Moreover, the EMU project did not create an equitable angelic world but favored some at the expense of others. It boosted the competitiveness and the overall dominance of a ‘hard core’ around Germany at the expense of the less developed economies and particular the European South. Apart from politico-economic intrigues at EU’s commanding heights, the main fundamental cause of this dichotomy is the fact that the abolition of national monetary, industrial and commercial policies (and the severe curtailment of the fiscal policies for the weaker economies) made intra-EU competition a competition on the basis of ‘absolute advantage’. This has the distinctive characteristic (sometimes branded neo-mercantilism) that the gains of the winners have to be paid by those left behind. This has exacerbating unequal development and the divergence between EU’s two main groups.
Additionally, ceding monetary and commercial policy to Brussels had additional adverse policy effects for the Euro-periphery. Common EU policies followed the sometimes completely different needs of the Euro-core. For example, for a significant period, monetary policy remained lax – according to the core’s needs – whereas the Euro-periphery required a stricter conduct. This intensified the dilapidation of South’s productive structure as it favored sectors linked to the Northern group and damaged others more crucial for national development.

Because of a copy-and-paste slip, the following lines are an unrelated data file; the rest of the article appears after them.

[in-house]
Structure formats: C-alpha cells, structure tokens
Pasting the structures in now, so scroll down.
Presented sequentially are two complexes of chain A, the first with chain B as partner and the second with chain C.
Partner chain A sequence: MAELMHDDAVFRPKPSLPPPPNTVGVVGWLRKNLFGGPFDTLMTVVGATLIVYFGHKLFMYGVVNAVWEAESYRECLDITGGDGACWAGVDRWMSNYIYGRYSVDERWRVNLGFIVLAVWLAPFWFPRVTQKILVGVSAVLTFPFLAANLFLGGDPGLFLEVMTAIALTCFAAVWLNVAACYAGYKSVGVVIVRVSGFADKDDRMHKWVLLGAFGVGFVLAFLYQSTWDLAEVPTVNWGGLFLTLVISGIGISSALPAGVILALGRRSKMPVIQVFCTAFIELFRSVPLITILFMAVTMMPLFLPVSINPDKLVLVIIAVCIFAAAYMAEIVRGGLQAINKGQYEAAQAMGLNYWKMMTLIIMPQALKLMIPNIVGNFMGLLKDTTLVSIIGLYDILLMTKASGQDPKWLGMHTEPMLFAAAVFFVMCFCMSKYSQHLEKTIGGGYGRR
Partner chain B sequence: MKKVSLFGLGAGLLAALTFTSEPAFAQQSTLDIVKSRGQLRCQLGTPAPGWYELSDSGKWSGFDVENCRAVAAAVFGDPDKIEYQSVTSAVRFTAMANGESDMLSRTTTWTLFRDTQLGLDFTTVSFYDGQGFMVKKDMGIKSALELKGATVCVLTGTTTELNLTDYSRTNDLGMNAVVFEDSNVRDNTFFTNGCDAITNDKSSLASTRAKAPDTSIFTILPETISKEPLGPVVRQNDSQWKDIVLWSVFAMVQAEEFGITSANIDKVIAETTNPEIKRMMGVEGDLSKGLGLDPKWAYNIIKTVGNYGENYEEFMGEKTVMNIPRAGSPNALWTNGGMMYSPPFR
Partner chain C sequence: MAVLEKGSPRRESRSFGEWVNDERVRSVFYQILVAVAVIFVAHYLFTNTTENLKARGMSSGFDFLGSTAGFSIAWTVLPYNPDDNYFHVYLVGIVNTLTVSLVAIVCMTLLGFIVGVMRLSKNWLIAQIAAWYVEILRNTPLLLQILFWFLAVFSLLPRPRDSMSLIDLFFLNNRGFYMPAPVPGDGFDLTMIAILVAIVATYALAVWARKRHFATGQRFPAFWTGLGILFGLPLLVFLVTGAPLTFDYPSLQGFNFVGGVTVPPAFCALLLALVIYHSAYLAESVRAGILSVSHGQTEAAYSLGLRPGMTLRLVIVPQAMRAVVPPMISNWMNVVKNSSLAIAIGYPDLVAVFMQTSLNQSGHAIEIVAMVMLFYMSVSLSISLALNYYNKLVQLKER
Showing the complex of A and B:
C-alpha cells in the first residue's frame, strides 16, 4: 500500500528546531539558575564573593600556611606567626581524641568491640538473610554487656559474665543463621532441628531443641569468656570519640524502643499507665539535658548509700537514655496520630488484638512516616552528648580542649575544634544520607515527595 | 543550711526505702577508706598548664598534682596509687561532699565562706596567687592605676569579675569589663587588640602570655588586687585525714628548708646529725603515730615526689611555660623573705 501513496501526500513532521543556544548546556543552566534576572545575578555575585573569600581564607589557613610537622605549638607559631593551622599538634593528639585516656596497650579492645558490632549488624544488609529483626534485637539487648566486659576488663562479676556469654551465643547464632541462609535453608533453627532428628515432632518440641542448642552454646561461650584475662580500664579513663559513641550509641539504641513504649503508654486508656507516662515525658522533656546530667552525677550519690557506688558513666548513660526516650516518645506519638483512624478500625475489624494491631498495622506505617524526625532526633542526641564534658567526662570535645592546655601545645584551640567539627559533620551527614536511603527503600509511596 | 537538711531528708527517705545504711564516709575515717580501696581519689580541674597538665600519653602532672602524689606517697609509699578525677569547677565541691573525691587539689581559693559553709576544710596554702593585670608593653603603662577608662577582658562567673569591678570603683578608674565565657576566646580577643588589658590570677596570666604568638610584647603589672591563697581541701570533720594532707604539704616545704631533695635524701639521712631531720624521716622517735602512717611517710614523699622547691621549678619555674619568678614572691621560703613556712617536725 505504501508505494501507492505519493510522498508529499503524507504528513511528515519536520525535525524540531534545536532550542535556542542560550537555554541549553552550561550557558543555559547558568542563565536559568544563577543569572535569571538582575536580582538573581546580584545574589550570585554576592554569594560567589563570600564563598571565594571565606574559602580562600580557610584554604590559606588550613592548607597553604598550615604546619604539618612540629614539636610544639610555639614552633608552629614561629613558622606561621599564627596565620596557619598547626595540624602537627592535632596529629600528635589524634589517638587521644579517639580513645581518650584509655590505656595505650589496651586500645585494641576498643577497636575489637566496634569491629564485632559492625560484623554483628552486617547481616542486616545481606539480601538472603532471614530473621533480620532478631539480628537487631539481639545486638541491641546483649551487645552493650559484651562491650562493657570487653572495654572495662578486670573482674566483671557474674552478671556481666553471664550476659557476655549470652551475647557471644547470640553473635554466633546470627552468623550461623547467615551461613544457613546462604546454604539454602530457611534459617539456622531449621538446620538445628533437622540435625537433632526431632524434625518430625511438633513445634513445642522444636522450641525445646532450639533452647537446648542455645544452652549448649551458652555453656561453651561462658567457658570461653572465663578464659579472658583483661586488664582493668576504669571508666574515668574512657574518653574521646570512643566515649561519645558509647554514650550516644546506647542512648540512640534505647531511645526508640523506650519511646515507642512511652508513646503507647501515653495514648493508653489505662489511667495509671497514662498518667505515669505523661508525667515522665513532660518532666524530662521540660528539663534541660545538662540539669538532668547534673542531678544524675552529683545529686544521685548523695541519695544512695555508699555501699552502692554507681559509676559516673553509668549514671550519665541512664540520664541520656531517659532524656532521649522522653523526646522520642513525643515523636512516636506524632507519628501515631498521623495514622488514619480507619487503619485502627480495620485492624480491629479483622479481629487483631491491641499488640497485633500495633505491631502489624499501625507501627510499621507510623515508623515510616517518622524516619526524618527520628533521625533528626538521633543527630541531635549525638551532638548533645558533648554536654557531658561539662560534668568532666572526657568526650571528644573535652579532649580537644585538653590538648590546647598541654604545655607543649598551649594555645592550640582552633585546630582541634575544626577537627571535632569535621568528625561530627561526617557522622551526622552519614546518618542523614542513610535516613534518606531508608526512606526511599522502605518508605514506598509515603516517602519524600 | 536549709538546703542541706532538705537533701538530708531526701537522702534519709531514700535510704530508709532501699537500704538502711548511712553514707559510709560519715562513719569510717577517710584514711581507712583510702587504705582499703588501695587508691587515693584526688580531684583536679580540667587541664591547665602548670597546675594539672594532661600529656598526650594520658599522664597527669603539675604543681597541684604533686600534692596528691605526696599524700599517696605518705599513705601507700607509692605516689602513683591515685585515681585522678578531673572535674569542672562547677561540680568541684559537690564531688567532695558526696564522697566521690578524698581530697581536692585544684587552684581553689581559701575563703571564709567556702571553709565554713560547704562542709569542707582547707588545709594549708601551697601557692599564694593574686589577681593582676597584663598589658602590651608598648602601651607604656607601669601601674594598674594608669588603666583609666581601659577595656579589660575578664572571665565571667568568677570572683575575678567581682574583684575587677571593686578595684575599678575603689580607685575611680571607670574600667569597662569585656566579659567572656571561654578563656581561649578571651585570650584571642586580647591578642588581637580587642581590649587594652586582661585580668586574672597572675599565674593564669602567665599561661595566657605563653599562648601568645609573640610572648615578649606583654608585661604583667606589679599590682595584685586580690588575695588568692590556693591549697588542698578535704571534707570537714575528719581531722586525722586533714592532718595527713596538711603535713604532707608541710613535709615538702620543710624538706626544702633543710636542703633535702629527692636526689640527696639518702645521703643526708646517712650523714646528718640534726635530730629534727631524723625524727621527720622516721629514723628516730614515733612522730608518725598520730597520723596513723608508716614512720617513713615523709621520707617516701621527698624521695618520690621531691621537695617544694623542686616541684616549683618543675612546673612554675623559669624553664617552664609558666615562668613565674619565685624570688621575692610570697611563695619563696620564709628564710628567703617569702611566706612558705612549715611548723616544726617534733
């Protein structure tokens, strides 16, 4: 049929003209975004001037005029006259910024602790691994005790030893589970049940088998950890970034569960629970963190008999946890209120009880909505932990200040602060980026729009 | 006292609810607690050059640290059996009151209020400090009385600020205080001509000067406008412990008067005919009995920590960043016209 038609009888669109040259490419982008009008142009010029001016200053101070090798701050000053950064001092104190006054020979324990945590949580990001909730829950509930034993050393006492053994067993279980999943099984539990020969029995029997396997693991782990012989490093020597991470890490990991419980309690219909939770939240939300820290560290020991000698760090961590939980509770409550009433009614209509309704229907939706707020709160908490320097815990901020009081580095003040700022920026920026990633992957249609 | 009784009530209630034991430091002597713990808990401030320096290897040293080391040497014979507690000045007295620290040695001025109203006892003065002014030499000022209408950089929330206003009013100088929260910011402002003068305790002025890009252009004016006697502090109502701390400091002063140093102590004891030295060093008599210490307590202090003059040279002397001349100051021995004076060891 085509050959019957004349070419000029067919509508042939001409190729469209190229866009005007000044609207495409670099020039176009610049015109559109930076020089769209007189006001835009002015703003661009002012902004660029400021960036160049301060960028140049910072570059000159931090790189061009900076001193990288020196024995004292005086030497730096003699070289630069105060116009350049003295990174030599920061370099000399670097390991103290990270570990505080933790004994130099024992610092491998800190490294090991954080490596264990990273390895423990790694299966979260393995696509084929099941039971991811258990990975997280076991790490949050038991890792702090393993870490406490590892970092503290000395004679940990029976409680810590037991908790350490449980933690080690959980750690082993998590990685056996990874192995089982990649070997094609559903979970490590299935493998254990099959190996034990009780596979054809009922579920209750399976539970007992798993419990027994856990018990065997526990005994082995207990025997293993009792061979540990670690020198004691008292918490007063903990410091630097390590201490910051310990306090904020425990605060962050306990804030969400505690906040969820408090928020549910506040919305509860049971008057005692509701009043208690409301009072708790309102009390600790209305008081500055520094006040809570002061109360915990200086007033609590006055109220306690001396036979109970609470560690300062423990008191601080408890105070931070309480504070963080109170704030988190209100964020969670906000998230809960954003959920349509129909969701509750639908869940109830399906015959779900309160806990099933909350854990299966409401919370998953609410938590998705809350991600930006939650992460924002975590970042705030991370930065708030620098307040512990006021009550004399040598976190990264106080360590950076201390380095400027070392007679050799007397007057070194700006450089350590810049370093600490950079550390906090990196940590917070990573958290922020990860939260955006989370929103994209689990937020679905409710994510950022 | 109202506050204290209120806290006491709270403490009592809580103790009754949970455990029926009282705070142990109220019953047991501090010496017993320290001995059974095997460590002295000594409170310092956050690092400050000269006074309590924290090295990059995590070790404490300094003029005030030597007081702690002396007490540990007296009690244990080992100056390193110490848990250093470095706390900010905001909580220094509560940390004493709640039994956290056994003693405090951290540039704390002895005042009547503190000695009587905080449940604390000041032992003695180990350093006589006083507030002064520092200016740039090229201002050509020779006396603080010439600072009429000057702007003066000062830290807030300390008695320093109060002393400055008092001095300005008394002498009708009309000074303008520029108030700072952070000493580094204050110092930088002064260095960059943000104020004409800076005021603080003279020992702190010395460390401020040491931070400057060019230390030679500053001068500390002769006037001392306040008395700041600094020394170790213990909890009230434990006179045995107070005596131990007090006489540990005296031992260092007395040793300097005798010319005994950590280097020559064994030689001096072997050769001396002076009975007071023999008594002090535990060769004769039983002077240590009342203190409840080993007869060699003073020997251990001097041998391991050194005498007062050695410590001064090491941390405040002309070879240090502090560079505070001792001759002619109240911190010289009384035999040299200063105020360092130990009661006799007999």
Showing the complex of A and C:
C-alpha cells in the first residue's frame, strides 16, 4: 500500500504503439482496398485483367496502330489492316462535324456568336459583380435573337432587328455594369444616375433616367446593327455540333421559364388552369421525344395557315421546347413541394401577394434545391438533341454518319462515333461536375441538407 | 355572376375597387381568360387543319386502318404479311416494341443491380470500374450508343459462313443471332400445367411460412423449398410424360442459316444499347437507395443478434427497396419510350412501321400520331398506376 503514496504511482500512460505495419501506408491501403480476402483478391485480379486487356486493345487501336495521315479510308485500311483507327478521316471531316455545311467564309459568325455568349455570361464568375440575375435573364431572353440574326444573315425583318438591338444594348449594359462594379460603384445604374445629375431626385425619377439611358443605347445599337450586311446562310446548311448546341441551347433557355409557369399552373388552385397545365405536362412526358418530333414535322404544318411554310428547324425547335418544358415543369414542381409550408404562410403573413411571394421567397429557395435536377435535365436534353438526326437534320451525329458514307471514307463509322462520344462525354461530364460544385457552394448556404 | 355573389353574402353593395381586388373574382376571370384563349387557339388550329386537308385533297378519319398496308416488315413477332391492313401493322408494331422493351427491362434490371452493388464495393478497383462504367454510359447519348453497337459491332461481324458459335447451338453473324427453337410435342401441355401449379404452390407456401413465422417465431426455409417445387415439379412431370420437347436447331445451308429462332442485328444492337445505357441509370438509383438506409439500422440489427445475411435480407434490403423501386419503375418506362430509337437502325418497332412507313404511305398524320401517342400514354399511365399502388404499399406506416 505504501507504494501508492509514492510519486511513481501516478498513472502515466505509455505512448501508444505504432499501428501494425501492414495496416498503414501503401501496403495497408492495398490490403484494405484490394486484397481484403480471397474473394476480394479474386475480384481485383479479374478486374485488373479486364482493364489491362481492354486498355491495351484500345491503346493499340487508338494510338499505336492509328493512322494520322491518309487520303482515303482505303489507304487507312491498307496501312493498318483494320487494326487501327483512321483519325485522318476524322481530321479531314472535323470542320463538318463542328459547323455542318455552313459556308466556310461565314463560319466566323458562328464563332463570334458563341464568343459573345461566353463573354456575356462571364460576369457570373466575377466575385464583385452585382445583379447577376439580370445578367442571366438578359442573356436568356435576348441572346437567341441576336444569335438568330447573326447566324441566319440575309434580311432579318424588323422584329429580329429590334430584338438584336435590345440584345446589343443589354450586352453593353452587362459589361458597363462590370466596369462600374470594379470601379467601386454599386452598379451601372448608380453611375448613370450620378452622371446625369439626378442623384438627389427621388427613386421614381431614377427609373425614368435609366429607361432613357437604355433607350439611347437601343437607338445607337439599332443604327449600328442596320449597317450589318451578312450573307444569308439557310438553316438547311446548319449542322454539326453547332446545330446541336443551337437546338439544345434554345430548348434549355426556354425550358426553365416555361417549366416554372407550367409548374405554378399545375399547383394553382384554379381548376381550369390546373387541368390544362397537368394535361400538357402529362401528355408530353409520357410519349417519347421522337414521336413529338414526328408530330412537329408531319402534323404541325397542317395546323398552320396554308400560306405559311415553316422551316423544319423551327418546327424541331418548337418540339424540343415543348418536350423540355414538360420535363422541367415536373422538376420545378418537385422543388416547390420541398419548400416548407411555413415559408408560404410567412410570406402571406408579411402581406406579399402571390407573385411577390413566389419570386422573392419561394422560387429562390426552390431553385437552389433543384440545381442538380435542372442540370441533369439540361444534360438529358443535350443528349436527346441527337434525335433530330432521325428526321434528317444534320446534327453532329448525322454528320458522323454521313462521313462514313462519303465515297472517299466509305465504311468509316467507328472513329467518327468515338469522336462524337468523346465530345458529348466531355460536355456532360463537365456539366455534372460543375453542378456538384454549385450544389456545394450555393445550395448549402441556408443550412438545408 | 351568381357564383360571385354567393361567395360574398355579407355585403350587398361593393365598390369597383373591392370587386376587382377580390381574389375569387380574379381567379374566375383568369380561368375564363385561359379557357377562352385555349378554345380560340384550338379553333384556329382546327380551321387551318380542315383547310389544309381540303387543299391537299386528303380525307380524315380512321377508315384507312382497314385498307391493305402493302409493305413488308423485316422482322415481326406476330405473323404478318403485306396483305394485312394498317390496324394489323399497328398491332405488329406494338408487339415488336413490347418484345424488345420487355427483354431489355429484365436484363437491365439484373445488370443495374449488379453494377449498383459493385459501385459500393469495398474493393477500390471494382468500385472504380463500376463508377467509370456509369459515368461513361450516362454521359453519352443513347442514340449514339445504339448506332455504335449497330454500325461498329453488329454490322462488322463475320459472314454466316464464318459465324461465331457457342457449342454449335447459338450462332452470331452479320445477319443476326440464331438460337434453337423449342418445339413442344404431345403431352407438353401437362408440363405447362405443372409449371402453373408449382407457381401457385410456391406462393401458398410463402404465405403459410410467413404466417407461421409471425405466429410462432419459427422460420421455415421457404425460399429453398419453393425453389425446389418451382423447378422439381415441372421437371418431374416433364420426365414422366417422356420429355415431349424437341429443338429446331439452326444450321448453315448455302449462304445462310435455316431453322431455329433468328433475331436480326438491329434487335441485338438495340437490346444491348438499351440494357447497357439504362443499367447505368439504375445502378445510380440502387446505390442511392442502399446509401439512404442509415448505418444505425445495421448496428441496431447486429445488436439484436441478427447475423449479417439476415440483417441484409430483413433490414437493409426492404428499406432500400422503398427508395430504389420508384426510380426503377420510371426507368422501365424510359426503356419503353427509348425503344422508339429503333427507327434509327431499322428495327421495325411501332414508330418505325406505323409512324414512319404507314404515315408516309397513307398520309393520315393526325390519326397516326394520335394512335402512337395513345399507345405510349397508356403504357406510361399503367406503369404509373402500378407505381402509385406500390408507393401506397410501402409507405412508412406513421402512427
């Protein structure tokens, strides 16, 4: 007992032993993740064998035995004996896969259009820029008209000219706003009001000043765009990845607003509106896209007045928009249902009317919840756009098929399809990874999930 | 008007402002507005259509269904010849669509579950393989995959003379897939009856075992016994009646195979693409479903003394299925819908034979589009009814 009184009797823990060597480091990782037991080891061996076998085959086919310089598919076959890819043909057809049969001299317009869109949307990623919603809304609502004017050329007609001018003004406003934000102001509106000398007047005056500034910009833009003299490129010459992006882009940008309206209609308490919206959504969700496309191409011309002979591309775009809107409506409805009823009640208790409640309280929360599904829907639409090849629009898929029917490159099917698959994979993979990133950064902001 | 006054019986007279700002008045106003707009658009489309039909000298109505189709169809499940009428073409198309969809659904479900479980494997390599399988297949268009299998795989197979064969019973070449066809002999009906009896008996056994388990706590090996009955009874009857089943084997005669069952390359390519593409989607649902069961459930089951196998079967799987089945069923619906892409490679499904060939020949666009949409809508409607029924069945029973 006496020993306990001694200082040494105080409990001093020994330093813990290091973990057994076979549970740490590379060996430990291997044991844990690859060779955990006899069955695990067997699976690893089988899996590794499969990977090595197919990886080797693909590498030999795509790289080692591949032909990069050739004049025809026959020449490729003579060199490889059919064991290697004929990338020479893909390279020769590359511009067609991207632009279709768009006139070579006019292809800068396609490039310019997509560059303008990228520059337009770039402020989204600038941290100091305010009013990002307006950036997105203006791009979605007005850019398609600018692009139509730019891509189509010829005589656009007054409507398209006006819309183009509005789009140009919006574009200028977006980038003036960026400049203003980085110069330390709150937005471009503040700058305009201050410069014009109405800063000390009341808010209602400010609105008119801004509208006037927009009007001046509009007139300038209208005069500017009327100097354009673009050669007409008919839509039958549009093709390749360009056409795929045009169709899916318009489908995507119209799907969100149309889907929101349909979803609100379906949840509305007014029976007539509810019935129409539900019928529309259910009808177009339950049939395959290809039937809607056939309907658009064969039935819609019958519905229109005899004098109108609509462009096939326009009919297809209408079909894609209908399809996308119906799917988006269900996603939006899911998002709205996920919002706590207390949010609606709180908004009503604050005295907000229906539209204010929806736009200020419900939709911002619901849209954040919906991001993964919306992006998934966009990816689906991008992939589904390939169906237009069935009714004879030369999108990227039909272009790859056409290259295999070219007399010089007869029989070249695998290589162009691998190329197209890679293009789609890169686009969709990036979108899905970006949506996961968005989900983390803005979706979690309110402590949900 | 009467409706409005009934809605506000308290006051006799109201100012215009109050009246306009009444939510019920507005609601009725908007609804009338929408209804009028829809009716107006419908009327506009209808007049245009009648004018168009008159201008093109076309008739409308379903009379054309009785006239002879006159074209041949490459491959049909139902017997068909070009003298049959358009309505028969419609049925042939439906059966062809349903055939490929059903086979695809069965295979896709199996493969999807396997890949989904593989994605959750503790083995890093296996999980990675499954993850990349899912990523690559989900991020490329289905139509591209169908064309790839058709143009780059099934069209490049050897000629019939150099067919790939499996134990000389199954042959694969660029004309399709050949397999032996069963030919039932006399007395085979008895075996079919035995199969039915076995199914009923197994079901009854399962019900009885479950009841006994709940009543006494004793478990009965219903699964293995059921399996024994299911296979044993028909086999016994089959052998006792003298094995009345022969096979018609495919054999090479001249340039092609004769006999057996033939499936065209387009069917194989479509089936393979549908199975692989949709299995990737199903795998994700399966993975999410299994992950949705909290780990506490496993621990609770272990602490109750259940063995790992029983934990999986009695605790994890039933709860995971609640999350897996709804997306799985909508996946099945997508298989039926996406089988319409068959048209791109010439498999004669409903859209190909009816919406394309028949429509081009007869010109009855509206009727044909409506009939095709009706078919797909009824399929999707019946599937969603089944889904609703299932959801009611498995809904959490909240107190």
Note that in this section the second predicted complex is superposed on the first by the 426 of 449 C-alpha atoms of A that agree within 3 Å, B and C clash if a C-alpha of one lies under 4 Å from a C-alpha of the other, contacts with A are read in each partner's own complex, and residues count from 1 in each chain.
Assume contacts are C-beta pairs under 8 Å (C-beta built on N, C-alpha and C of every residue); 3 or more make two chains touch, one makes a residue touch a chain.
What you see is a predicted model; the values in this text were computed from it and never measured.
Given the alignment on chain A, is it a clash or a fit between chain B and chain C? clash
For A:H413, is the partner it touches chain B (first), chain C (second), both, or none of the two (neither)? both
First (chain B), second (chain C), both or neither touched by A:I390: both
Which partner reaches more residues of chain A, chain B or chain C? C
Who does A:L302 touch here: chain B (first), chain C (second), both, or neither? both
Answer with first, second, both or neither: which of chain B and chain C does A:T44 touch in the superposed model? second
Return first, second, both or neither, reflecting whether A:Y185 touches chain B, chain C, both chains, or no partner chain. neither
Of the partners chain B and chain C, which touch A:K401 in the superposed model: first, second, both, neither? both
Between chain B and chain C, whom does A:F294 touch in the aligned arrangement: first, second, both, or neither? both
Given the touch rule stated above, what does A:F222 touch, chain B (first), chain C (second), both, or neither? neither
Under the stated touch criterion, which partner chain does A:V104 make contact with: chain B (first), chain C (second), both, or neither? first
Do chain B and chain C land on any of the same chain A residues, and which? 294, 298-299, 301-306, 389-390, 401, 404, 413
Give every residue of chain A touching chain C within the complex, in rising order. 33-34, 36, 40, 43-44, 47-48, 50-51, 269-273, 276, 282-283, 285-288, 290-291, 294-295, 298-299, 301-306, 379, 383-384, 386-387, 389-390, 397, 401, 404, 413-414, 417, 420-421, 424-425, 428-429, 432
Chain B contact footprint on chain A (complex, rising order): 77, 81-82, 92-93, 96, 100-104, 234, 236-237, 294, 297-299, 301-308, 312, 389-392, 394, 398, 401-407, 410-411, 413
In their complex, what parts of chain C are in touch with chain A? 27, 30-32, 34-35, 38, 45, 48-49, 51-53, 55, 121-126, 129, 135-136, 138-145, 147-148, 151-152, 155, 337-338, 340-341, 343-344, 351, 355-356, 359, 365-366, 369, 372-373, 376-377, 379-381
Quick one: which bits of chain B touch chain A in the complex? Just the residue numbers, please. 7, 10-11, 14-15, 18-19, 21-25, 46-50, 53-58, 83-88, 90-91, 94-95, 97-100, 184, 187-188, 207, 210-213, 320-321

4. In terms of the sovereign debt crisis, can we also blame the Greek banks as one of its causes? Should the Greek banks be supported? And why should not the state keep control of the banks, since it is paying for their recapitalization? What is the alternative for the Greek banks?
The Greek banks are a minor culprit for the Greek crisis. In fact, Greek banks had a lesser degree of leverage comparing to their European counterparts. Therefore, ‘toxic’ assets were relatively fewer in their accounts. However, the fall of the general profit rate affected their revenues (which are a part of the surplus-value extracted by productive capital). Furthermore, Greek banks are the main bastion of Greek capital, since inside (and behind) those all the main Greek capitalist fractions are hidden. Thus, the Greek state financed them, in the beginning of the crisis, without getting their control. And, under the Memoranda, the state borrows from the IMF and the EU in order to recapitalize the banks, again without assuming their control. In a nutshell, the Greek people are paying for the bankers to keep their properties and businesses. Of course they should already have been nationalized. Their nationalization and their operation for the purpose of public good and not of the private interests of their owners is an essential part of an alternative economic strategy.
5. Are the austerity measures taken by Greek Government and European Union in Memorandum of Economic and Financial Policies effective to solve the sovereign debt crisis? If it is not effective, why? What’s wrong with the austerity measures? And among the austerity measures, which policy is the most effective in reducing the public debt to minimize the crisis, cut in public sector size and wages, pension system reform, privatization, or what? What are the impacts of the austerity measures on Greece’s economic growth, either macroeconomics or microeconomics? And also on Greek society?